Many of the sales people I encounter have too little insight in what is happening on the buying side. Their focus is so much on their own process, bullishness or fears that they forget to understand what is happening on the prospect’s side.
Establishing a sufficient level of trust is often the furthest consideration from the minds of salespeople, but it is the only thing that matters when it comes to acquisition.
This gets even more complicated when trust needs to be established between the seller and a multitude of stakeholders on the buying side. After all, who said a sales job was easy?
Three steps to building trust I’m often asked how salespeople can build deeper levels of trust with their prospects.
Although there is no quick fix to this, there are three key-dimensions that function as a vital stepping-stone towards achieving the trust level that is needed to initiate and maintain a successful sales pipeline:
1. Integrity Values and Purpose
Ask yourself; why do you come to sell? What is your intention? Is it just ‘to make quick money’ or is your sales effort coming from a firm belief that you can help your customer to achieve a better business and overcome challenges?
– Understanding your core values and motivation is essential to delivering an authentic approach to sales.
2. Relevancy and Business Value
How knowledgeable are you with regard to the prospect’s working environment, needs, and challenges? Do you match the prospect’s needs with solutions that adequately solve their problems?
Are you able to communicate and substantiate the business value of the solutions to the different stakeholders?
– Achieving all of these adequately is critical to reaching the final acceptance stage of the sales process.
3. Customer Advocacy
Do you truly guide your prospect, offer new insights that reframe thinking towards solutions and co-ensure there is internal alignment?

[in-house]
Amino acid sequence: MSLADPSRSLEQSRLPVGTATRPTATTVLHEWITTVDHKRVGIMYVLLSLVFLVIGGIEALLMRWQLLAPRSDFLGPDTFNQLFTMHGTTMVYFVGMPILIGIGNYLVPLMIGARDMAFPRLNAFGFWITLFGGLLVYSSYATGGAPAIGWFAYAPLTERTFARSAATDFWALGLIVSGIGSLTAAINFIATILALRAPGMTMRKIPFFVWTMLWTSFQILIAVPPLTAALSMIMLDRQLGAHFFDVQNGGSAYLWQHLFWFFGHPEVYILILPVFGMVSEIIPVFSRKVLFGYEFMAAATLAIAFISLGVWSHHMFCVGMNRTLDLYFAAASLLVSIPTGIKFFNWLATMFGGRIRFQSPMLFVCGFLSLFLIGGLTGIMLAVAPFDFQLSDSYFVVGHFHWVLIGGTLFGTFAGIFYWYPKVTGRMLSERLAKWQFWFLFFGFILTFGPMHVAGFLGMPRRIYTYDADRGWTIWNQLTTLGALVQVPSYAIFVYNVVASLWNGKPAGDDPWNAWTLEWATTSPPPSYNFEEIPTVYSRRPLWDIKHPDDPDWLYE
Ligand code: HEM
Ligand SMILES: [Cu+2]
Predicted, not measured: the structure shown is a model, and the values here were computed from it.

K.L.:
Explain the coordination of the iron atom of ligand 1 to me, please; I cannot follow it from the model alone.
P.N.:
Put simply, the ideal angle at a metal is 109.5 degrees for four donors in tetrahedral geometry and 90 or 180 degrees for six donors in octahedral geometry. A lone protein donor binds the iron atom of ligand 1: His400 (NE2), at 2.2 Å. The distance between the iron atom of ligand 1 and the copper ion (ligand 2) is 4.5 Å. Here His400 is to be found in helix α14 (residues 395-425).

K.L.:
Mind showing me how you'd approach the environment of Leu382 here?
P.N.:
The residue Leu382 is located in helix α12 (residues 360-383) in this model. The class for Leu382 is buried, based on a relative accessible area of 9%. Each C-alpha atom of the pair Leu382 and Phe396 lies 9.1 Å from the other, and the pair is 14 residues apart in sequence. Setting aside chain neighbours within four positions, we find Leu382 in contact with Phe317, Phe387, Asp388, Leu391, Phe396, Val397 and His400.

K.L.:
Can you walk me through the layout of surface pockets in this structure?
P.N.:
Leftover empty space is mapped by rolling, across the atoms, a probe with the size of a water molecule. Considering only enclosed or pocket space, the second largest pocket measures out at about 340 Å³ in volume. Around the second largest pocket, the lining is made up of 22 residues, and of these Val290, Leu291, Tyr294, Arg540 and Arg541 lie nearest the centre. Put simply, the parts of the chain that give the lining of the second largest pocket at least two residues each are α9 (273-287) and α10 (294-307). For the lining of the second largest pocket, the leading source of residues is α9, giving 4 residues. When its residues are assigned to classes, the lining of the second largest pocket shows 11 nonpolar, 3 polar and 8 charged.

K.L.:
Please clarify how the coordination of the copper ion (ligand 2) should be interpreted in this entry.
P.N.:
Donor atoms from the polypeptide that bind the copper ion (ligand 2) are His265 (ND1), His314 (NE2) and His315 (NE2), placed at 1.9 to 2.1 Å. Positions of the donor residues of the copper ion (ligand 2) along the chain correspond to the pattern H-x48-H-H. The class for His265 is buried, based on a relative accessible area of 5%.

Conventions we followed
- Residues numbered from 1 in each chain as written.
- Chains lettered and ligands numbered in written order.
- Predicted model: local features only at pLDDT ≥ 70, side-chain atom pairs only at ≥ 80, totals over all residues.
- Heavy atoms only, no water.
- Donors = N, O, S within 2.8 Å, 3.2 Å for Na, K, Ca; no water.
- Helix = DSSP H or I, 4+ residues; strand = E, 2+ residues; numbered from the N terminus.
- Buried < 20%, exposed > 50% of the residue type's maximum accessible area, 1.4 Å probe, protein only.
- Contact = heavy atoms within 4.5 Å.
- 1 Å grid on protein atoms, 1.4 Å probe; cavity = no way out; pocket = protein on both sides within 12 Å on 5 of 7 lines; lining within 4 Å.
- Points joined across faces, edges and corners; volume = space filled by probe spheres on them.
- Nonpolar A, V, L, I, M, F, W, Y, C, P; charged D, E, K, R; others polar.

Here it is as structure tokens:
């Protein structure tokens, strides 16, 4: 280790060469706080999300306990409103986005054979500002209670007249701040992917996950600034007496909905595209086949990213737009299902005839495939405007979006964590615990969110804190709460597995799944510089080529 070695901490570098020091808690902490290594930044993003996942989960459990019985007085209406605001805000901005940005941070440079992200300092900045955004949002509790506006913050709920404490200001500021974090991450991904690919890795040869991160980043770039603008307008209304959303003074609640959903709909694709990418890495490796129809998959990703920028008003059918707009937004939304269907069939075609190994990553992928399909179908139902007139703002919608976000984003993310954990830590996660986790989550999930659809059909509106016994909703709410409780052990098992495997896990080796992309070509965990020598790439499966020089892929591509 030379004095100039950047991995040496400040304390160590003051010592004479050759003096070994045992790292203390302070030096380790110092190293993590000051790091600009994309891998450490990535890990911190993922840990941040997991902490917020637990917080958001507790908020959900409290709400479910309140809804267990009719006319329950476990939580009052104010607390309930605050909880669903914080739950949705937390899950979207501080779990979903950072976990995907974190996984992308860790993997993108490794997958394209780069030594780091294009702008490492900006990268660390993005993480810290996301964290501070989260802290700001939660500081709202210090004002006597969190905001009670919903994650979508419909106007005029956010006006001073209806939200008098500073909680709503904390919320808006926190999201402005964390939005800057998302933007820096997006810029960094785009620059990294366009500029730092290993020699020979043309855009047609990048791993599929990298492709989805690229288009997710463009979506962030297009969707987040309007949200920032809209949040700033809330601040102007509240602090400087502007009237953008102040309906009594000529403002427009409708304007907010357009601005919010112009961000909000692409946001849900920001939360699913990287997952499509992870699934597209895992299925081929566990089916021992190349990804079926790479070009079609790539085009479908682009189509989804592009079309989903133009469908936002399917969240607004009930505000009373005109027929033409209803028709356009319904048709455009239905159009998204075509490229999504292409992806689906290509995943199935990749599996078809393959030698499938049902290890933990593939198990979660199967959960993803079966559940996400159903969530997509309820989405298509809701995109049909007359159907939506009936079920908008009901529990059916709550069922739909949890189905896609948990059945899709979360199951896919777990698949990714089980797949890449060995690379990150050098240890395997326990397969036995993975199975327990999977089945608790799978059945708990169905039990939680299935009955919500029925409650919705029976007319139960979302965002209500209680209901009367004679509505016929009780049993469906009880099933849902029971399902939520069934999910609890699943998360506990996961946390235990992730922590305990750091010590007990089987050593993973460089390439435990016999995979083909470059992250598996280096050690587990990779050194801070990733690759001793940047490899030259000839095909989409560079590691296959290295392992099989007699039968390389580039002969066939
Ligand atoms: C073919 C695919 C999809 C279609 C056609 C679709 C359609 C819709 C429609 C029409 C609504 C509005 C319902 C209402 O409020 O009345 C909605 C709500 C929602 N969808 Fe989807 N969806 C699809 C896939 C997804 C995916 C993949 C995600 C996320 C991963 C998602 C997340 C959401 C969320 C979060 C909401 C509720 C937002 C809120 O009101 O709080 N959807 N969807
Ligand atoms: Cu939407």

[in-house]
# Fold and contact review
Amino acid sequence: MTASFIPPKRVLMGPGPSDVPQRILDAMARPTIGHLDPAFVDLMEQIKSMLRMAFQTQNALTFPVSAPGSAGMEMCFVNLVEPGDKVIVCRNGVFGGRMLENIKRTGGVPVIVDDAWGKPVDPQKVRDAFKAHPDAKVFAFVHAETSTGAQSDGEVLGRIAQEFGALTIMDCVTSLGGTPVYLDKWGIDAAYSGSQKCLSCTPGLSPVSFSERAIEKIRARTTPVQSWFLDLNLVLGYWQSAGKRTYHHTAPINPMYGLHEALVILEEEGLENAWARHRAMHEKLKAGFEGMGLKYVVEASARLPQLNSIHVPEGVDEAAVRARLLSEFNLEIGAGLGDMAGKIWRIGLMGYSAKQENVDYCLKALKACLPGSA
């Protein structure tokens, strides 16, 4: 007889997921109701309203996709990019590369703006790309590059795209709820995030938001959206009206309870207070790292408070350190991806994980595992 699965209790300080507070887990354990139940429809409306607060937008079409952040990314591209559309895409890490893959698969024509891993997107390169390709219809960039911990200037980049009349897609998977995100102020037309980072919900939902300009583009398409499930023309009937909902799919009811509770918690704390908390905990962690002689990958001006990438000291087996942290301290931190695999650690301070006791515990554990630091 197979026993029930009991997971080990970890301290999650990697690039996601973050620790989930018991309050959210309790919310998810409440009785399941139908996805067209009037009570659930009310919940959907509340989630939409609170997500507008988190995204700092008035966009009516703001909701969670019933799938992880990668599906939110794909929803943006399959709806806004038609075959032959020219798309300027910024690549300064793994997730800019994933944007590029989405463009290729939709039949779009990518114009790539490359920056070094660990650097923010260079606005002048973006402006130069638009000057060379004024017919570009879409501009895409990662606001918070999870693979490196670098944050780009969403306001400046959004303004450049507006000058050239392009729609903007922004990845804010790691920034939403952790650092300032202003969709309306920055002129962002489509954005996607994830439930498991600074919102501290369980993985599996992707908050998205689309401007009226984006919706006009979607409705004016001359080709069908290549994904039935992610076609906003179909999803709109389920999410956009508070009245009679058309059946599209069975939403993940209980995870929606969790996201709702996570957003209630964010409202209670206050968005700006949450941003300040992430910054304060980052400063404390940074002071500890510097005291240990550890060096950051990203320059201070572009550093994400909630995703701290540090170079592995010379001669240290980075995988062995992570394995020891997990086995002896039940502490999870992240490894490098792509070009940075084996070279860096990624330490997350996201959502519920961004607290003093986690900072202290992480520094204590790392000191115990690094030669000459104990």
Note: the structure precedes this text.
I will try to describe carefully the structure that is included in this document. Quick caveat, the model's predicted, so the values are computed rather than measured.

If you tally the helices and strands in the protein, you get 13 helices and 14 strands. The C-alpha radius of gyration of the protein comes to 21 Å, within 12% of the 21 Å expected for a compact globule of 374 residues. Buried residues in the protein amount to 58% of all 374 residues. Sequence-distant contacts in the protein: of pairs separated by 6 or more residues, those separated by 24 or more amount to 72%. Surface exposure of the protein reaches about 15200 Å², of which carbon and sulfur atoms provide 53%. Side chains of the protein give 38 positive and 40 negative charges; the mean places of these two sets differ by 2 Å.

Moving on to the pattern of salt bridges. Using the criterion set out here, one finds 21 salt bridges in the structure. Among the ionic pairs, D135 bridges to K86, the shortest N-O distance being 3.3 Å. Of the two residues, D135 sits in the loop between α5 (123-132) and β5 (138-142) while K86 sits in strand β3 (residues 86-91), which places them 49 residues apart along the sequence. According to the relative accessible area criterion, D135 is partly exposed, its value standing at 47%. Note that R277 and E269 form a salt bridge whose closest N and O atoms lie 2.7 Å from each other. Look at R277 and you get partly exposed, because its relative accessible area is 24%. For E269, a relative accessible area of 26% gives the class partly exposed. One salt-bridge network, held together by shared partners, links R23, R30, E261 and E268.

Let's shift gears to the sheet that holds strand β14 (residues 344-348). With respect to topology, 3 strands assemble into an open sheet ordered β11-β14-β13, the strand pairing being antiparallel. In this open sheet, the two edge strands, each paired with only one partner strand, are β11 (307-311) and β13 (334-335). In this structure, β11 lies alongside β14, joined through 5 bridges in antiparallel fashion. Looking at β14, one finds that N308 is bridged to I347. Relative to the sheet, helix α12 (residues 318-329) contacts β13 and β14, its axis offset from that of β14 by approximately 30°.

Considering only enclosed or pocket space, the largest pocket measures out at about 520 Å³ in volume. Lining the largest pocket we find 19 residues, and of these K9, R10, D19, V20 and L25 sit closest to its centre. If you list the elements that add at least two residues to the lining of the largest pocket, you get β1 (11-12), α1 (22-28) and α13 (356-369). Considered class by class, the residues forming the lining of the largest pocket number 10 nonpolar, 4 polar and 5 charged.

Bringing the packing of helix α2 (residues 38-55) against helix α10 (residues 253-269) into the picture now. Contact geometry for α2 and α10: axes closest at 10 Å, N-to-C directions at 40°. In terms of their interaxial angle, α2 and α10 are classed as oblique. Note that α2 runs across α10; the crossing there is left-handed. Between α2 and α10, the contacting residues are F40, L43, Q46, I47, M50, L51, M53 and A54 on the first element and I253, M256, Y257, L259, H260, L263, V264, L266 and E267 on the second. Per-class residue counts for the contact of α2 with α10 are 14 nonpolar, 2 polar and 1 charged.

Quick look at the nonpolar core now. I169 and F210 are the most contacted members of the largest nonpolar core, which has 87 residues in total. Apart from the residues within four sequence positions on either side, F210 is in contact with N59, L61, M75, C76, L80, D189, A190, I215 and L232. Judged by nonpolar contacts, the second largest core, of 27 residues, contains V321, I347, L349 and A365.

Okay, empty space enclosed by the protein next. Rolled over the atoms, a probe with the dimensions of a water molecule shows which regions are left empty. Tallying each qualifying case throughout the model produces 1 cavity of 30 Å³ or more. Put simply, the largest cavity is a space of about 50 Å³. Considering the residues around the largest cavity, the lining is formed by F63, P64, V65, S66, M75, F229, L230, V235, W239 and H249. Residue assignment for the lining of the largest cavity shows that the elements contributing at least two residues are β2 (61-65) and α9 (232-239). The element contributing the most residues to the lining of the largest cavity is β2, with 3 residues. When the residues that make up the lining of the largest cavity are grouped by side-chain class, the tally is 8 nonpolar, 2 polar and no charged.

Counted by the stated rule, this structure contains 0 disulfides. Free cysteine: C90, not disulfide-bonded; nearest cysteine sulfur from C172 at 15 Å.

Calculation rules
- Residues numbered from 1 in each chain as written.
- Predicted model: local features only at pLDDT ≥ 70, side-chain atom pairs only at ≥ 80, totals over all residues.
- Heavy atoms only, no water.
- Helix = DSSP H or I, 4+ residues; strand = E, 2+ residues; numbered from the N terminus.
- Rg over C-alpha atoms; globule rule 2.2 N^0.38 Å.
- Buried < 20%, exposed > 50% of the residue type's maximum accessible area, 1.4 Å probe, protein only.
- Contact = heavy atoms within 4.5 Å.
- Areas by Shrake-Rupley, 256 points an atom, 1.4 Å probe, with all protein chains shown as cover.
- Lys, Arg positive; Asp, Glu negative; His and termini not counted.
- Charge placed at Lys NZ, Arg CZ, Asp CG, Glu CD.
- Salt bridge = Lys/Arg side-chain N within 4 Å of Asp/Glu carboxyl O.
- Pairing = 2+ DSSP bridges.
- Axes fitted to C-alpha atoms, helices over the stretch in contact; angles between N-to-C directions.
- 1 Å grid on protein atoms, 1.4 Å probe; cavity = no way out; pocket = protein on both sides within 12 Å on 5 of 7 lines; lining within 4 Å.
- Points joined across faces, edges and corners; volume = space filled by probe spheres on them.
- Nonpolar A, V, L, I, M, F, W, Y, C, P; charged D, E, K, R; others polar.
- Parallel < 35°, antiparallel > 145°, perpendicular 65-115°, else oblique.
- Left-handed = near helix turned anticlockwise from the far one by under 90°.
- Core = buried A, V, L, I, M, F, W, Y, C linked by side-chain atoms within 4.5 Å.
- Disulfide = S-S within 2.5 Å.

Do you offer a clear view and vision of what exactly is required to gain the benefits the prospect needs and get closer to achieving their targets by working with them as a team?
Those who view their relationship with prospects as a partnership rather than simply a buyer-supplier arrangement are far more likely to achieve the trust levels needed to seal the deal.
Transforming into an all-important ‘trusted advisor’, into almost an extension of the prospect’s buying committee, can only happen when trust is created and consistently built upon going forward.
Quality over quantity
Relevancy is a vital factor in the trust-building process, which is why I always advise salespeople to work on a quality process as part of their sales prospecting. Taking time to prepare adequately before approaching a prospect will ensure you gain all the necessary insight you need to establish a common ground from the onset.
Seek out information on how the prospect buys, who is involved in the buying process and anything else that may influence how you shape your approach.
Don’t get in trouble like Gregory. If you invest in understanding your customer and initiate trust from the very onset, you will be more confident in executing sales and delivering long term business value to your prospects.
By putting trust at the core of your prospecting activities, hitting your targets need no longer be simply a case of luck.